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Two articles — Sunday’s on the Boycott, Divestment, Sanctions movement and Monday’s about needing Indian teachers — have reminded me of the need to separate issues from “isms.” This is fundamental to critical thinking. In both articles, people jumped to label opponents with an “ism,” shutting down important conversations.

If you don’t support Israel’s policies against Palestinians, some label you anti-Semitic, as though you’re automatically prejudiced. To object to a particular policy created by particular people is not the same as smearing an entire group for no specific reason other than membership in the group. The specificity of the first is exactly what distinguishes it from the generalization of the second. Israel often claims its actions are in self-defense. In our court of law this is a legitimate excuse, but we don’t just take the transgressor’s word for it. The court assesses whether that was the case and then sentences accordingly. We should do the same for Israel.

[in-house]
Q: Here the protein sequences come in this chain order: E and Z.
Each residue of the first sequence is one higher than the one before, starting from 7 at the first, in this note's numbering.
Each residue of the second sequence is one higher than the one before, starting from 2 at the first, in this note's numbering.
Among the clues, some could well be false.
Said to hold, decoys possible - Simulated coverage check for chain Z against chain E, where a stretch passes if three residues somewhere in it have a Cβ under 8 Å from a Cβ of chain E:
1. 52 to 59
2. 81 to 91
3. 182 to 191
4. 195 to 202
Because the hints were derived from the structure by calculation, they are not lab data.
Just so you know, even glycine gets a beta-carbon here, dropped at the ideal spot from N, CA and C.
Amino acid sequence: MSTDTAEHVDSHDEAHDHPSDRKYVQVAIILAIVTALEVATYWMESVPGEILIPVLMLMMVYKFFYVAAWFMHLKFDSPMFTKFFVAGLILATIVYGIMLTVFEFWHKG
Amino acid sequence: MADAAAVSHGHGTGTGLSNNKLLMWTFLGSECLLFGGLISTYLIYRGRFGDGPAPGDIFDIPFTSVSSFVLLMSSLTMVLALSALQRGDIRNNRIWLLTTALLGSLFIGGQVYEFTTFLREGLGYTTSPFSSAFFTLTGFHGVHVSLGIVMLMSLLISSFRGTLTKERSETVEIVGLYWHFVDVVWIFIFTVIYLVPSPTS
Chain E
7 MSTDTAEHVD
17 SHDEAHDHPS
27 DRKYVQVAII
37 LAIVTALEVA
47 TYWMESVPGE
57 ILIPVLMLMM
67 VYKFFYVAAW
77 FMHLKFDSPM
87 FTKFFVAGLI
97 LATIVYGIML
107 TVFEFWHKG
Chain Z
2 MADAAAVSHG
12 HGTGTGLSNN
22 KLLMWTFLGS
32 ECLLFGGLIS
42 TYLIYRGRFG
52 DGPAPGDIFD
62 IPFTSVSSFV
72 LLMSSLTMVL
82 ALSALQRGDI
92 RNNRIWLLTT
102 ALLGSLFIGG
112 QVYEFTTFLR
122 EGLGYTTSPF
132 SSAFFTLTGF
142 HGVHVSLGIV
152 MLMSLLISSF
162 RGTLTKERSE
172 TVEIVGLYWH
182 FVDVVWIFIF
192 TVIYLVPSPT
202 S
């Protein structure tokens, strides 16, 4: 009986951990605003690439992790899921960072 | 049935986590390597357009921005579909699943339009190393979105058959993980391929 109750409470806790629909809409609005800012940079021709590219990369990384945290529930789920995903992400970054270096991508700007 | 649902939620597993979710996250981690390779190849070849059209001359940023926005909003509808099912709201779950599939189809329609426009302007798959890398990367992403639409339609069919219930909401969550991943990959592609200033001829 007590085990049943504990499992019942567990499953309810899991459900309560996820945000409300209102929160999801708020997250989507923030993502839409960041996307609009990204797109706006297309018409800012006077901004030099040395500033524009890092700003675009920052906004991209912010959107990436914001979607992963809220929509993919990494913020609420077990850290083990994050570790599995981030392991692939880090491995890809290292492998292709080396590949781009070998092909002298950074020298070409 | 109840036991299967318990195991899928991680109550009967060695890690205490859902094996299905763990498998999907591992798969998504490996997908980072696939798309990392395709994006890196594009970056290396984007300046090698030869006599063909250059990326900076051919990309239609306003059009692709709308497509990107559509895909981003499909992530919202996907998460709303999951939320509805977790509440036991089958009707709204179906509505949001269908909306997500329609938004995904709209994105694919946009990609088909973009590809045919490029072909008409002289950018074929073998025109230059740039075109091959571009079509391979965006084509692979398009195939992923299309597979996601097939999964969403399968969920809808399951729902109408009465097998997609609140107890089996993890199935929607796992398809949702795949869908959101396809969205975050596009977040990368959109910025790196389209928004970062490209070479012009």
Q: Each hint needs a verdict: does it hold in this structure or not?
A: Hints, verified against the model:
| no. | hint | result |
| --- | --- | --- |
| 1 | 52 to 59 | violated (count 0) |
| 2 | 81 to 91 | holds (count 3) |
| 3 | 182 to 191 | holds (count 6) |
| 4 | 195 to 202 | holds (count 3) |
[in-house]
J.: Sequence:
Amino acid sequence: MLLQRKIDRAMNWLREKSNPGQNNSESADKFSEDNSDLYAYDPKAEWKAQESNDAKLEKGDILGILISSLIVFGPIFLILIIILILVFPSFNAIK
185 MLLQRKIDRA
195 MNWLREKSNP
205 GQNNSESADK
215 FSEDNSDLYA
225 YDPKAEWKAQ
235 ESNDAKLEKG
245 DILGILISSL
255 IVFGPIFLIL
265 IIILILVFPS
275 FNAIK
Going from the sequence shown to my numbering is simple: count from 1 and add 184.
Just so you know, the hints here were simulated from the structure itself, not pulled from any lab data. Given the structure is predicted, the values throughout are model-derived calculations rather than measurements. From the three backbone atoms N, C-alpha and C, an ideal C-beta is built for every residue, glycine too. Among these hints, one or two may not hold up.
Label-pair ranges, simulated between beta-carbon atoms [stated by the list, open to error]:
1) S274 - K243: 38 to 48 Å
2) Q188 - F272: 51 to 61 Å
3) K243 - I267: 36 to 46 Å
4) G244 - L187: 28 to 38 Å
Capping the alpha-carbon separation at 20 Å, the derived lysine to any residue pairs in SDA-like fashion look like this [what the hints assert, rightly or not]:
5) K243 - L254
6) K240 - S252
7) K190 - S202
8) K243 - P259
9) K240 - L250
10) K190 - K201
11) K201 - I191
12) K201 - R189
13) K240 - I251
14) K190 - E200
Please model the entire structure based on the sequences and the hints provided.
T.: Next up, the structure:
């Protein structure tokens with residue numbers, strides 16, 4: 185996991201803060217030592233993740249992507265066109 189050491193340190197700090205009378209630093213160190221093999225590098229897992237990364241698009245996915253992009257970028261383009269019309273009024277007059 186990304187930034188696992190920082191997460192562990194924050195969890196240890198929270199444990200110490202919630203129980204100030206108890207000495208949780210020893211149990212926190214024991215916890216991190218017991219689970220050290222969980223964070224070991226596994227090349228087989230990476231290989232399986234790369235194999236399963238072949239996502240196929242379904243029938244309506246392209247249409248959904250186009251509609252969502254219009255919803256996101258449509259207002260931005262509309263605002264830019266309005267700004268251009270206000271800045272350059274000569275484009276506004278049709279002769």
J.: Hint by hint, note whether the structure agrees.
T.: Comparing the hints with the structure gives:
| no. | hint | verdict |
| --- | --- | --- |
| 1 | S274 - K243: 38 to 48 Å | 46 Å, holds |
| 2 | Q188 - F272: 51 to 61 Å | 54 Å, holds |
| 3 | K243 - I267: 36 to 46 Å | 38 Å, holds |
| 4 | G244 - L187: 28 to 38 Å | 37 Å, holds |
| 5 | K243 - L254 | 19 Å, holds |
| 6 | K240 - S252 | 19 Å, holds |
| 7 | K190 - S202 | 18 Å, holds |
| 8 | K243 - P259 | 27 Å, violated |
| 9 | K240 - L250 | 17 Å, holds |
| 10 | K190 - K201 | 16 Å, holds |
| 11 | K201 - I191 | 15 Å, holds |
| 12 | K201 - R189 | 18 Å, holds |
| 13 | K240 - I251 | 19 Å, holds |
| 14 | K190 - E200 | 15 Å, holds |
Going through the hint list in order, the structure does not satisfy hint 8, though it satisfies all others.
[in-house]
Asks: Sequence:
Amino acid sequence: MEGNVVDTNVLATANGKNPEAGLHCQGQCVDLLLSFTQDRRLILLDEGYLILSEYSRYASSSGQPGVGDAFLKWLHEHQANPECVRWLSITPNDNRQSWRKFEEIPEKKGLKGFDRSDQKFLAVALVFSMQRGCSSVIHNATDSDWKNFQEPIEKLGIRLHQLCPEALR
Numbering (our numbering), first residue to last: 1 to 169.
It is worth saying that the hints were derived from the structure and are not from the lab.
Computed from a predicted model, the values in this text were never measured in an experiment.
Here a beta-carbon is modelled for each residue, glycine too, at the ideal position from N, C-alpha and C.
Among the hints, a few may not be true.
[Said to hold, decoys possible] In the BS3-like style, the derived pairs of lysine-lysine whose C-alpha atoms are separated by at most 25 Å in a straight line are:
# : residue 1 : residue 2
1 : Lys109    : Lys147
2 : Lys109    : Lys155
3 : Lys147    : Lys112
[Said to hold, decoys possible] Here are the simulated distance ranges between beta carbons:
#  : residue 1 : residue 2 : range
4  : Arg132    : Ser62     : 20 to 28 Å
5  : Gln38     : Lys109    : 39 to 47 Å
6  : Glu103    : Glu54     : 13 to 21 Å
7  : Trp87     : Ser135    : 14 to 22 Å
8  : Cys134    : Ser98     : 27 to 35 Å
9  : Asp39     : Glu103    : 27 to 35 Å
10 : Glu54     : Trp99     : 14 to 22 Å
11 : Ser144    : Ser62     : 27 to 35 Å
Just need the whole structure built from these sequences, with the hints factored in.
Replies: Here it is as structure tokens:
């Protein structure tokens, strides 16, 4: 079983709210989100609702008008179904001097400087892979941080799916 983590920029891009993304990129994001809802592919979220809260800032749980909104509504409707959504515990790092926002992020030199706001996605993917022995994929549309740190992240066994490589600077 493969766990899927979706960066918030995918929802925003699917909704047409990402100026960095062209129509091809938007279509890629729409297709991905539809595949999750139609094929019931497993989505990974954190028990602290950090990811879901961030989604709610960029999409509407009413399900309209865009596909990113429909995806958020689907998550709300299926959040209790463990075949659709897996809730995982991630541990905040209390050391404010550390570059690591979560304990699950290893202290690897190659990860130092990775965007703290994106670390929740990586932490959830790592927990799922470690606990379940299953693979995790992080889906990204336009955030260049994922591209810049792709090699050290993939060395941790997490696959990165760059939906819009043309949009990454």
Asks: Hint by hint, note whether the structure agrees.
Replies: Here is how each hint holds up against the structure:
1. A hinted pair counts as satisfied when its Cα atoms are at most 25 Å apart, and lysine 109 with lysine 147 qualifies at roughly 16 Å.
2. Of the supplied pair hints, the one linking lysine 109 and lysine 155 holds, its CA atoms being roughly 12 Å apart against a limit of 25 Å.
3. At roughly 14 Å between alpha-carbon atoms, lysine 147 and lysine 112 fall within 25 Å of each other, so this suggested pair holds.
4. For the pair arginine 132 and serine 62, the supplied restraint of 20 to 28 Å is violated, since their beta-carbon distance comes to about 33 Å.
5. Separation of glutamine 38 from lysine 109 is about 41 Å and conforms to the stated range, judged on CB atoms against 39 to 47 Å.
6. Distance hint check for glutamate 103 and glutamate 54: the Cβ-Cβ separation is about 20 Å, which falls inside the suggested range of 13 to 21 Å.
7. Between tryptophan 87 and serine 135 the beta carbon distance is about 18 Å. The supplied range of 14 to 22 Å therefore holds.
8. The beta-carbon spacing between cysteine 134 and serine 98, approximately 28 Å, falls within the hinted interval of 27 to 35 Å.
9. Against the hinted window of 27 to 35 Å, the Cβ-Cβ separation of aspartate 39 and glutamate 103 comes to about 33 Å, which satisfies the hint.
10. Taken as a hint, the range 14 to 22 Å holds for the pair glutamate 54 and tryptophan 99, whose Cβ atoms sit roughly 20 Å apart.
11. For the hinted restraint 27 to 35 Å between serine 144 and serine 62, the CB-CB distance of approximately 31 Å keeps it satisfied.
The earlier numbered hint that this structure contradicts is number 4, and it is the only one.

When state Rep. John Fuller called the suggestion that Indian students would benefit from having some Indian teachers “racist,” he shut down important discussion and ignored studies that show kids need mentors and models who resemble them.

Opt for thinking critically. Stop slinging the “isms.”

Amy Ragsdale,


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